The caveat is that these 600 credits can then not also be used for any Nationally Determined Contributions (NDCs) of REDD-credit producing countries (high resolution remote sensing of annual forest emissions, by third parties, will prevent a country from doing that). And obviously, REDD+ offset credits should not be allowed to be used to increase a company’s current level (in our example, from current 1000 units to 1600). He has pledged / is obliged to emit at 400 units from now on (and to net zero units by 2050).

    In fact, without offsetting through REDD+, the ~10% of global emissions from forested developing countries will continue, as they’d have no incentive to / financial compensation for reducing forest emissions which is (allegedly—Overman et al 2019, doi.org/10.1016/j.worlddev.2019.02.010 ) developing their country.

    Note, by the way, that this ‘10%’ from tropical forests implies that, even if deforestation would miraculously stop competely, this 10% is much less than the needed 45% reduction (of 2005 level) needed for 1.5C. A lot more than forest offsets will need to be done. (But since REDD+ credits still are neo-colonially low at $5 per ton, there’s quite a bit of interest…).

    In addition, we’re apparently entering the Decade of Reforestation. Yet it does not sound very smart to try reforest (capturing ~1 tC/ha/yr, under increasingly erratic weather… ), against deforestation (emitting 150-300 tC/ha). Please don’t respond with a link but to the example. Thanks.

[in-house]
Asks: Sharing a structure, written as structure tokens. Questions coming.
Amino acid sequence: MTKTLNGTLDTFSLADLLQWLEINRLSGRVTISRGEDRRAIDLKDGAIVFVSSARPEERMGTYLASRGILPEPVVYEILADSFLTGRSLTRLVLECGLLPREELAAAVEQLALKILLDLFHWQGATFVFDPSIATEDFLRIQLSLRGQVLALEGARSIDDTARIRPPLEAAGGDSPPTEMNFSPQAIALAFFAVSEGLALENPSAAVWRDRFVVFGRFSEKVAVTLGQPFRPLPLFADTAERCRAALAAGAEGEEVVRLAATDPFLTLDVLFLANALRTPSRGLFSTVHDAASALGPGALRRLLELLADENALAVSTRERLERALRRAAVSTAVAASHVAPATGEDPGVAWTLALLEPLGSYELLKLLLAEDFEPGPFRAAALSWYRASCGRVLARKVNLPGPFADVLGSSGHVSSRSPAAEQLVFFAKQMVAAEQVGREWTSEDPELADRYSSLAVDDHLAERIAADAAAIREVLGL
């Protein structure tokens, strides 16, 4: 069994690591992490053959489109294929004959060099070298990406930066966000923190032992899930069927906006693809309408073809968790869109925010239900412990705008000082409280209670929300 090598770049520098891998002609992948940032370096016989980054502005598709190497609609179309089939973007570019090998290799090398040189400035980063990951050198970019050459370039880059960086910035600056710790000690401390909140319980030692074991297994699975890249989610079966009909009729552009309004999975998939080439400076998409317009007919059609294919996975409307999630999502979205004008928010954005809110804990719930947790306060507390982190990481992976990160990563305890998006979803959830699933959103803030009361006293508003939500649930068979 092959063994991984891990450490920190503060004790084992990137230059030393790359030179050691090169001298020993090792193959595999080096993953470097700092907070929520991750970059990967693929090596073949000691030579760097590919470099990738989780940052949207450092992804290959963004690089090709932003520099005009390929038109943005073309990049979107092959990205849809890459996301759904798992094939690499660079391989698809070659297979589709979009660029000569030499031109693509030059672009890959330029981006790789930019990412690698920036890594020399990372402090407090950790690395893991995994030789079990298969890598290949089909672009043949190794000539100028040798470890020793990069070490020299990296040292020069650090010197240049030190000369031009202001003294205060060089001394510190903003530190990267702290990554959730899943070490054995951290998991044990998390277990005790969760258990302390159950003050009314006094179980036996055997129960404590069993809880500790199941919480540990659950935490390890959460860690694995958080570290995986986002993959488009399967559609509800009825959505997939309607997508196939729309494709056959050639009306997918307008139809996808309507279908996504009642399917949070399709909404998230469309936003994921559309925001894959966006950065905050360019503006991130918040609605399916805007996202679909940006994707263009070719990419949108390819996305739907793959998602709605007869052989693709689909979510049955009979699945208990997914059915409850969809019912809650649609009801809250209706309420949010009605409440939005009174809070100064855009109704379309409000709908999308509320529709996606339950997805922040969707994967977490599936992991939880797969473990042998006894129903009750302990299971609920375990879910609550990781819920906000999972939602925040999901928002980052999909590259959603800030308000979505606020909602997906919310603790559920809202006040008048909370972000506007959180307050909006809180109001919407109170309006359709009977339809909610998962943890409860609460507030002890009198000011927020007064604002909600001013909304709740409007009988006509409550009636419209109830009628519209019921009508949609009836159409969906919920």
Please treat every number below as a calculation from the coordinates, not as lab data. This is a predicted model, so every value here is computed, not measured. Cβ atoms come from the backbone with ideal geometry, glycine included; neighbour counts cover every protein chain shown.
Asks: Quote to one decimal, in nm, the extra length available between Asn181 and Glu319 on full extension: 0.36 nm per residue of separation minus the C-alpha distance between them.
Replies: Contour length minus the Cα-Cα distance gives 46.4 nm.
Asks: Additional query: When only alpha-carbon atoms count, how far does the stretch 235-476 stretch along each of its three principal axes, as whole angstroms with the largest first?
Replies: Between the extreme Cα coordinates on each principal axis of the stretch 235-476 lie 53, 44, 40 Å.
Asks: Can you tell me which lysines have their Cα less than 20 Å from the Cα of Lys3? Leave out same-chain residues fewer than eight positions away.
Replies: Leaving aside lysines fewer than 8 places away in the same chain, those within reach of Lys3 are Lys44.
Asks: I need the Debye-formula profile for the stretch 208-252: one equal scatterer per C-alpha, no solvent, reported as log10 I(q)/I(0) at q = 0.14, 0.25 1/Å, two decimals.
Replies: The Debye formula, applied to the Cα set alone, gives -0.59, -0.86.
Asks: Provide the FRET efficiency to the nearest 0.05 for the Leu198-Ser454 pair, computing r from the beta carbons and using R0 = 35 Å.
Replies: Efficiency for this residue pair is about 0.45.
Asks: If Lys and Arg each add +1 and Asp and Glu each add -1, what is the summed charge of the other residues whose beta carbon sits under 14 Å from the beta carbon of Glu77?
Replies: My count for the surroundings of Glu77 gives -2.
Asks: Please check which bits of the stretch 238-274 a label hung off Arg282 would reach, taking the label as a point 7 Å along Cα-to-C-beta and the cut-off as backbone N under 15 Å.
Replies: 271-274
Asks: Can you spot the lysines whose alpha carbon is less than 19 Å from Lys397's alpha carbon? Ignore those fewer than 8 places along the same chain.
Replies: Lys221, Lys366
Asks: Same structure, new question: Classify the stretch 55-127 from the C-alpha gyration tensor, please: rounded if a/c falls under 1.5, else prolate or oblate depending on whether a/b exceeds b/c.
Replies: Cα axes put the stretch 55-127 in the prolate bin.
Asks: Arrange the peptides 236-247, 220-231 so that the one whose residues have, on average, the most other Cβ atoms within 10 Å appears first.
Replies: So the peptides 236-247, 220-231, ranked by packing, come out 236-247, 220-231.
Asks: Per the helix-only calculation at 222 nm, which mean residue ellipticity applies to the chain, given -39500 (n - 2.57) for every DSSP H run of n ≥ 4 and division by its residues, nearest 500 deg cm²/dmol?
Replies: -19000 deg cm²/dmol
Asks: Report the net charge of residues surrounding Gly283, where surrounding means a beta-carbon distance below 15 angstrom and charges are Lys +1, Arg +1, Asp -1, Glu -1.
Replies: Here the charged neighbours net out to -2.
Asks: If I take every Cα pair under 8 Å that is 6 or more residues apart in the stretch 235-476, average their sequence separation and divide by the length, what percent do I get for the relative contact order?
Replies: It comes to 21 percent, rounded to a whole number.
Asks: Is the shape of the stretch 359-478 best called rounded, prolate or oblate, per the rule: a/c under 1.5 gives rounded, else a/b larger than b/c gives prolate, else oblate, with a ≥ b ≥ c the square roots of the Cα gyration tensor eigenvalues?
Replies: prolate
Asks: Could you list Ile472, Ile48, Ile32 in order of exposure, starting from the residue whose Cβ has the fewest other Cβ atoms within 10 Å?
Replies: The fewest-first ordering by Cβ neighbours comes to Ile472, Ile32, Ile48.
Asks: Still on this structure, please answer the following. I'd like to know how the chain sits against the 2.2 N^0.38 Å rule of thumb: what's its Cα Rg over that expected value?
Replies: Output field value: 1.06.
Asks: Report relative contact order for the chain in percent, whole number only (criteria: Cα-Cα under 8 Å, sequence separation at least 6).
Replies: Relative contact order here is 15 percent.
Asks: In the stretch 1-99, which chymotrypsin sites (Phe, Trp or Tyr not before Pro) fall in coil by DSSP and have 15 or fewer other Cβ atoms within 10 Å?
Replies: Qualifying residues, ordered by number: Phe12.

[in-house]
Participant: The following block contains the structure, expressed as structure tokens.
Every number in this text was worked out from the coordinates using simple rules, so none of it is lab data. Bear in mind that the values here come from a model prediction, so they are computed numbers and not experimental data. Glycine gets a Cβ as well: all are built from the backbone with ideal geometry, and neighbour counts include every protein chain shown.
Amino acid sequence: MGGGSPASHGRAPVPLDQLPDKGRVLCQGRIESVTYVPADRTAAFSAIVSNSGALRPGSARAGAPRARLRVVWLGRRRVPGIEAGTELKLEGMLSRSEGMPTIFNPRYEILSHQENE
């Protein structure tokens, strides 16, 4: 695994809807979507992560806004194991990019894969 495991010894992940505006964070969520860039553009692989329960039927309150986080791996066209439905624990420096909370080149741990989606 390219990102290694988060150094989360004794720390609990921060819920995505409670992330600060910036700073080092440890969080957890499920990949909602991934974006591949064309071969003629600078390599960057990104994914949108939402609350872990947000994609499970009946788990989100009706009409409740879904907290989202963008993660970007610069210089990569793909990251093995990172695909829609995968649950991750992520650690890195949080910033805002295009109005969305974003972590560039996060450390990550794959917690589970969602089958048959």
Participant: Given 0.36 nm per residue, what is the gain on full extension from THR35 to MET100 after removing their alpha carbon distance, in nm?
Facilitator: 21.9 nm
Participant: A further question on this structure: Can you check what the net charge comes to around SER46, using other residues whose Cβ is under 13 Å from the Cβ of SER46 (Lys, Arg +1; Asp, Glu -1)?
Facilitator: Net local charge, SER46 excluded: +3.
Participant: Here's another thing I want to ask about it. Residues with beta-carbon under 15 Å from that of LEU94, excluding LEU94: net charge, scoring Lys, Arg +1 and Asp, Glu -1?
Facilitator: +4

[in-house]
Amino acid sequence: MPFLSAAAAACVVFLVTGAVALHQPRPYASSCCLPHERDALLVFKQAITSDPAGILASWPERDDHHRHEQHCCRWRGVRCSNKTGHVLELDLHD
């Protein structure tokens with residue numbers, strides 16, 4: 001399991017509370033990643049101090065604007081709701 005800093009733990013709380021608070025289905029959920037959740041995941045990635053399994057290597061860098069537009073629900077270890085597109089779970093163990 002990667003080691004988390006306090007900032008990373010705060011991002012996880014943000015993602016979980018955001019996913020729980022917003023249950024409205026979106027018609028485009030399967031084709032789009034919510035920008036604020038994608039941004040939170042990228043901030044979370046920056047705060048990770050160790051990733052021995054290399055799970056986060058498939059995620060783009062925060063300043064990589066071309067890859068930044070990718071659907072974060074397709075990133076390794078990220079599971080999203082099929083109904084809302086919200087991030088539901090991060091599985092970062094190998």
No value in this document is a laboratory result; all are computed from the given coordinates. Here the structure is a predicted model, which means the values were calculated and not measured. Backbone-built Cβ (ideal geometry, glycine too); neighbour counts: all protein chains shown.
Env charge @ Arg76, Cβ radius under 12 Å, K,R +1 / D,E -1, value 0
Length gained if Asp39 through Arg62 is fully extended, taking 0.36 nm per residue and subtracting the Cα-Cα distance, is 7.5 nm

2. @Hm – Thanks for this. You’ve illustrated exactly what’s wrong with offsets.

    To address the climate crisis we have to reduce emissions from fossil fuels. There is no way around this. Anything that distracts from the urgent need to reduce emissions from fossil fuels is part of the problem. Carbon trading is a dangerous distraction.

    Your “carbon emitter” simply cannot continue to emit 1,000 units per year. Yet that’s precisely what carbon offsets allow to happen – in the example that you gave.

    Your example, by the way, is exactly what the aviation industry is currently setting up with its carbon trading mechanism, CORSIA. The aviation industry is planning to continue increasing its emissions and claiming that offsets will somehow make that OK. CORSIA is cap-and-trade without the cap. It is an attempt to fool nature, as Prof. Kevin Anderson puts it.

    If that wasn’t bad enough, there are the two scientific falsehoods that Larry Lohmann highlights in the post above:

    1. counterfactual history = actual history: In order to set a baseline, the REDD project developers have to pretend that they know what would have happened in the absence of the REDD project. The concept of counterfactual baselines is inherently problematic – there is no possible way of knowing whether the baseline is accurate or not, and there are huge incentives to make up a baseline, in order to generate more carbon credits.

    2. fossil CO2 = biotic CO2: The carbon stored below ground as fossil fuels can only interact with the atmosphere if corporations or governments dig it out and burn it. The carbon stored in forests is stored temporarily. Trees die. Forests burn. Cattle ranchers and loggers clear the forest. As the climate warms, the forests are more and more at risk of going up in smoke – particularly when the forests are degraded by logging and clearing leaving every smaller patches of intact forest.

    If the forest burns at some point in the future, or if it is cleared to make way for a soy plantation, the carbon is returned to the atmosphere.